Tobin had brought Hamilton's dismembered body with him from West Lothian and buried her in the back garden of his new home.
When Tobin's name was eventually linked to the inquiry in 2006, Det Ch Insp Anderson said the latest forensic science came into play.
He said: "The main thing that we had which belonged to Vicky was her purse. That purse was subjected to DNA examination and we were able to identify the DNA as belonging to the son of Peter Tobin. From there we went to 11 Robertson Avenue where we carried out a deep forensic search."
The purse Tobin had used as a decoy had helped to trap him.
In fact the DNA match was so good that it was suggested in court that he may have given the purse to his son Daniel to play with.
The search at 11 Robertson Avenue then turned up another vital clue.
In the loft police found a dagger with a five inch long blade - and on that blade a piece of skin which DNA analysis showed belonged to Vicky.
Tobin was detained by police and questioned for four hours by Det Sgt Alan Goar and Det Con David Crookston.
Det Sgt Goar asked him: "How did the skin get on the knife and how did the knife get up in the loft?"
Tobin replied: "I haven't got a clue but it was my knife that was in the loft. End of story."
The detectives also confronted Tobin with the purse.
"Do you have any explanation for that at this moment?" Tobin was asked.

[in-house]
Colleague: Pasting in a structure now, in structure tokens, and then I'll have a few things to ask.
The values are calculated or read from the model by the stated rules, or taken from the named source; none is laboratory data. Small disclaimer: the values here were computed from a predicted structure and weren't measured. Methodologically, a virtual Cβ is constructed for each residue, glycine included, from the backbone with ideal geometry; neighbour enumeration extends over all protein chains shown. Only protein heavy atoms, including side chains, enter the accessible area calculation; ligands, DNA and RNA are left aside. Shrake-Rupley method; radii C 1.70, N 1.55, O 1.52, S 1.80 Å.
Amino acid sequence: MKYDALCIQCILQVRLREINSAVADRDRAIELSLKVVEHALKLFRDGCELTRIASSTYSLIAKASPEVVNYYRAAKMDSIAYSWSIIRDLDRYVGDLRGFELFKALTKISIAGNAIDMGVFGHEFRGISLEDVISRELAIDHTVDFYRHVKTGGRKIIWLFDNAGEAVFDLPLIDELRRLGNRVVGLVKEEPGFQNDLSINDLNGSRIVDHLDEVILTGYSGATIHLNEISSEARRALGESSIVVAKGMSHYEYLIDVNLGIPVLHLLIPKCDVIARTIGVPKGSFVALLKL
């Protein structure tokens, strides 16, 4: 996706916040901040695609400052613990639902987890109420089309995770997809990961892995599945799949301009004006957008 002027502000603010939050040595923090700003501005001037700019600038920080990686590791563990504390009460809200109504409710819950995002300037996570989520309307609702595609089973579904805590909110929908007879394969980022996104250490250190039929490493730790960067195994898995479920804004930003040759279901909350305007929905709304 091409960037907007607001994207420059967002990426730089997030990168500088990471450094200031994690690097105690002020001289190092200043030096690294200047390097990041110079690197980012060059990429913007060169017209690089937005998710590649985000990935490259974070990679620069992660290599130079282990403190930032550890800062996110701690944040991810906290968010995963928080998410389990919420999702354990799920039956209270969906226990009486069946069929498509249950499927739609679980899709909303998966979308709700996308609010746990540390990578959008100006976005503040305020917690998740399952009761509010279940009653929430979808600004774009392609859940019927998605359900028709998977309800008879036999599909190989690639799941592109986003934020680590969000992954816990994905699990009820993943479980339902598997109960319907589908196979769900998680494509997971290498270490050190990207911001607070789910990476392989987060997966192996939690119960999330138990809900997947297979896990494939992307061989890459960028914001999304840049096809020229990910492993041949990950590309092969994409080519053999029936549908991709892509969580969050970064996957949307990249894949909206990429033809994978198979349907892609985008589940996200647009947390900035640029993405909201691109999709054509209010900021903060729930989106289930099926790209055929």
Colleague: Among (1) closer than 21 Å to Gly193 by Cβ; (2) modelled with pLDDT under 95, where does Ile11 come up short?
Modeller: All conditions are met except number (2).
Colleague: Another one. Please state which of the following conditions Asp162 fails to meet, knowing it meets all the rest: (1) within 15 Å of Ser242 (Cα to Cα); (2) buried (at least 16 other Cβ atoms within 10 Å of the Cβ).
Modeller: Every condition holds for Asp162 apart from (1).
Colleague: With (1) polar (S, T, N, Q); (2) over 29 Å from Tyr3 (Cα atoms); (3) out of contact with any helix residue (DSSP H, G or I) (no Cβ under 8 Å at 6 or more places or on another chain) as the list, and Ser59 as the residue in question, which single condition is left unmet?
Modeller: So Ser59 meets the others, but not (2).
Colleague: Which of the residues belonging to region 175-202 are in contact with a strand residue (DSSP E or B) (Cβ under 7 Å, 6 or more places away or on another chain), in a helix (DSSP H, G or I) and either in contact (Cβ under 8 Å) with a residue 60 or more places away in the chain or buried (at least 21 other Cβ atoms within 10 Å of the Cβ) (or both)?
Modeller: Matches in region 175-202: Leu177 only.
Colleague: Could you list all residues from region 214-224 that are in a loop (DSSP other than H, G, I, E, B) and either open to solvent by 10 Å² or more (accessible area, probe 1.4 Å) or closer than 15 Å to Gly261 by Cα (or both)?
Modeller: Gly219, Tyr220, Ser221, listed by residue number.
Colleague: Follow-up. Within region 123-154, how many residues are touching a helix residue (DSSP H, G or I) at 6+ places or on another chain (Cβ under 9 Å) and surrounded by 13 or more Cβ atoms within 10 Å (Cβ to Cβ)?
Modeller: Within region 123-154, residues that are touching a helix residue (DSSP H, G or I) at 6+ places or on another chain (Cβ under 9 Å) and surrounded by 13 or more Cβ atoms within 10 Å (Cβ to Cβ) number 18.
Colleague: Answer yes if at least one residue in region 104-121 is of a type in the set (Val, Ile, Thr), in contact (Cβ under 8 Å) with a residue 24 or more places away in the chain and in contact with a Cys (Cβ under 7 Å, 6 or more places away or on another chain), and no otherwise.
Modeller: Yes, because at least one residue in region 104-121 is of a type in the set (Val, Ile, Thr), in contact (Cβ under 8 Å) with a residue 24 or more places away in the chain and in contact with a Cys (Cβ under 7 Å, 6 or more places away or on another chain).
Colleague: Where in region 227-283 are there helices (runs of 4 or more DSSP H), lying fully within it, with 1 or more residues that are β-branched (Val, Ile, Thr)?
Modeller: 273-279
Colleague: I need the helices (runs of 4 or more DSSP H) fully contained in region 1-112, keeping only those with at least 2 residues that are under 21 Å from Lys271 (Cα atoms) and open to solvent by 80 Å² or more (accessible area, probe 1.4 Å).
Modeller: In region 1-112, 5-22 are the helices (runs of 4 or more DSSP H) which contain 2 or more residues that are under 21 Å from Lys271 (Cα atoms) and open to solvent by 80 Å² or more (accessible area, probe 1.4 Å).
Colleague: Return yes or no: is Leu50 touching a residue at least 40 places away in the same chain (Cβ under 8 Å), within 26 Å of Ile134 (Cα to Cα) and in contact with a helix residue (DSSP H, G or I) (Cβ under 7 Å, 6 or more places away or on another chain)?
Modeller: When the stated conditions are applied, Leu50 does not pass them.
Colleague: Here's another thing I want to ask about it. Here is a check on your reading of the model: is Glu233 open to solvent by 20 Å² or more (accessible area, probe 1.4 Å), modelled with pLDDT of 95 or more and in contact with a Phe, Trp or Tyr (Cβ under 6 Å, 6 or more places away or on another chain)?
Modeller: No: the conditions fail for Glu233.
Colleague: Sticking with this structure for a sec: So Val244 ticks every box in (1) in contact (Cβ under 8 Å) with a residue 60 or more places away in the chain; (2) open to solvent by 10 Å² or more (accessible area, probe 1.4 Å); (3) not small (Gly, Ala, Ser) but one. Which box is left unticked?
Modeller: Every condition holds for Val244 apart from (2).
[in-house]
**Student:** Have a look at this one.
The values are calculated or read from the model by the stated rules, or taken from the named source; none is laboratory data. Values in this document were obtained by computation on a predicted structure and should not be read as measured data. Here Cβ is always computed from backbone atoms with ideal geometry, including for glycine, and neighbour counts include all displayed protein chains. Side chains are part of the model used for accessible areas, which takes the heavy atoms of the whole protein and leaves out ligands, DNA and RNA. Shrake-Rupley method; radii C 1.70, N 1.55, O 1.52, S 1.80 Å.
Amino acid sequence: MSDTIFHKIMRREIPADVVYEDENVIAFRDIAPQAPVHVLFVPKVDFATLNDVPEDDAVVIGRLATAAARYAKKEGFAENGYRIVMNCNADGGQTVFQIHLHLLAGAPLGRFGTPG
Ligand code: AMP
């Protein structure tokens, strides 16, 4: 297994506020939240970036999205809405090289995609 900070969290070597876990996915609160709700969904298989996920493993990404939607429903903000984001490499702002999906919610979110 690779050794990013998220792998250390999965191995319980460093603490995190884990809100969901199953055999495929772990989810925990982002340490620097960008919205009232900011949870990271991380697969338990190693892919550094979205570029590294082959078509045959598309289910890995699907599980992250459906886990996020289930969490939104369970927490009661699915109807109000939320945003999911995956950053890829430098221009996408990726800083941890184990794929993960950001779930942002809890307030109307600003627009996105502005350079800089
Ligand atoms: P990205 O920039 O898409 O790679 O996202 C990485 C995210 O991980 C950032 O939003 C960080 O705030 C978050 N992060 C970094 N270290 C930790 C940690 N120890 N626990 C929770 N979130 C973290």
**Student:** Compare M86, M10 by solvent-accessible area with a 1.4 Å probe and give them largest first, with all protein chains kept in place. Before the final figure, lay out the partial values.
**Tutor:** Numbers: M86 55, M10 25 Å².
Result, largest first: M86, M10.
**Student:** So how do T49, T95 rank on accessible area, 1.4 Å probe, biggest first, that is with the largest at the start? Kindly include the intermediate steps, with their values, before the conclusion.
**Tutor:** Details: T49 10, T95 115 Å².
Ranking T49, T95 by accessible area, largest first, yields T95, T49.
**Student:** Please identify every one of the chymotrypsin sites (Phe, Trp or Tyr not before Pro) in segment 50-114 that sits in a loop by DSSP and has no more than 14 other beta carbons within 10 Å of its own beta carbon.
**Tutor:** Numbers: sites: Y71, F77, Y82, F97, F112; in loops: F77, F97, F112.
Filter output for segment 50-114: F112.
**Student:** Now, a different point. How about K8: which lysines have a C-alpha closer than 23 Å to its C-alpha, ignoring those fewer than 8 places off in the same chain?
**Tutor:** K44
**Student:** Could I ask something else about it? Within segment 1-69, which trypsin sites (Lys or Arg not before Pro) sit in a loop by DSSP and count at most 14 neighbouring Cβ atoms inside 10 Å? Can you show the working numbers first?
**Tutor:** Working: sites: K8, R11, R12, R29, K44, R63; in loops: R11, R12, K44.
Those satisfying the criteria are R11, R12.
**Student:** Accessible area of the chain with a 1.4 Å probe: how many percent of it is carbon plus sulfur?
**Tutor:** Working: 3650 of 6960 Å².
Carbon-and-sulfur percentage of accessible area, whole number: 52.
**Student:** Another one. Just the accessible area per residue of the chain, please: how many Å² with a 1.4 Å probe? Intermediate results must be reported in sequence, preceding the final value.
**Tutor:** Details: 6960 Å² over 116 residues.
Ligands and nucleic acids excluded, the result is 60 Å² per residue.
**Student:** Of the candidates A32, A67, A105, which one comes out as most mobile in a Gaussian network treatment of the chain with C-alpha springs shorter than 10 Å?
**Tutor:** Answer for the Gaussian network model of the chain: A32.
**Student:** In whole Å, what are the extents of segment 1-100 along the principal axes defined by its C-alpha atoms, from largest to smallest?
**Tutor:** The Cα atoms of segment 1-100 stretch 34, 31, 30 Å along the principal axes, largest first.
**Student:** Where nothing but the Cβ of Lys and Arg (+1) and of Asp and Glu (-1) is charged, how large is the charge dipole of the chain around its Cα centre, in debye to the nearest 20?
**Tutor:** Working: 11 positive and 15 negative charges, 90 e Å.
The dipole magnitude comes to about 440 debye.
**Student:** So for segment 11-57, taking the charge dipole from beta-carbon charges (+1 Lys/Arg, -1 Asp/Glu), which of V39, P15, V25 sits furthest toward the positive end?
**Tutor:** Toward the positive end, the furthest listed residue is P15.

He replied: "No, none."
Police then began a search of 50 Irvine Drive, Margate.
It is thought Tobin dumped Vicky's purse to confuse police inquiries
Little by little, they excavated the back garden where the "sandpit" had been.
Forensic archaeologist Lucy Sibun explained what they found: "There was a thin layer of cement that had been sort of poured over the edges of and around the grave itself and then further down when we started removing the soil we found black plastic bags like bin liners.
"It was evident that the body wasn't complete, it had been dismembered. That's obviously more disturbing."
The body was that of Vicky, who was partially clothed and wrapped in several layers of plastic bags and cloth. Her mother's rings were still on her fingers.
Jeanette Hamilton died without knowing what had happened to her daughter.
The rest of her family were told of the find. It was, said Det Ch Insp Anderson, a "stunning" moment.
And the chalky soil was to reveal another clue.
On one of the bin bags wrapped around the body were four fingerprints.
They belonged to the killer - Peter Britton Tobin.
Exactly how he murdered Vicky is not known, but a post-mortem examination revealed the presence of amitriptyline in her body, an anti-depressant with sedative side effects which Tobin had been prescribed before the murder.
Intimate swabs from the body, which appeared to contain Tobin's DNA, also suggested a serious sexual assault.
And then there were the purse and the dagger.
The evidence led police to conclude that Tobin had drugged and sexually assaulted Vicky and then killed her, possibly by strangulation, before using the knife to cut her body in two.
Tobin's trial at the High Court in Dundee lasted just over four weeks, with 122 witnesses giving evidence in the imposing Victorian courtroom with its tall windows and Wedgwood blue ceiling.
But the overwhelming forensic evidence helped the jury to convict him.
At 62 and in poor health, Peter Britton Tobin is likely to spend the rest of his life in prison.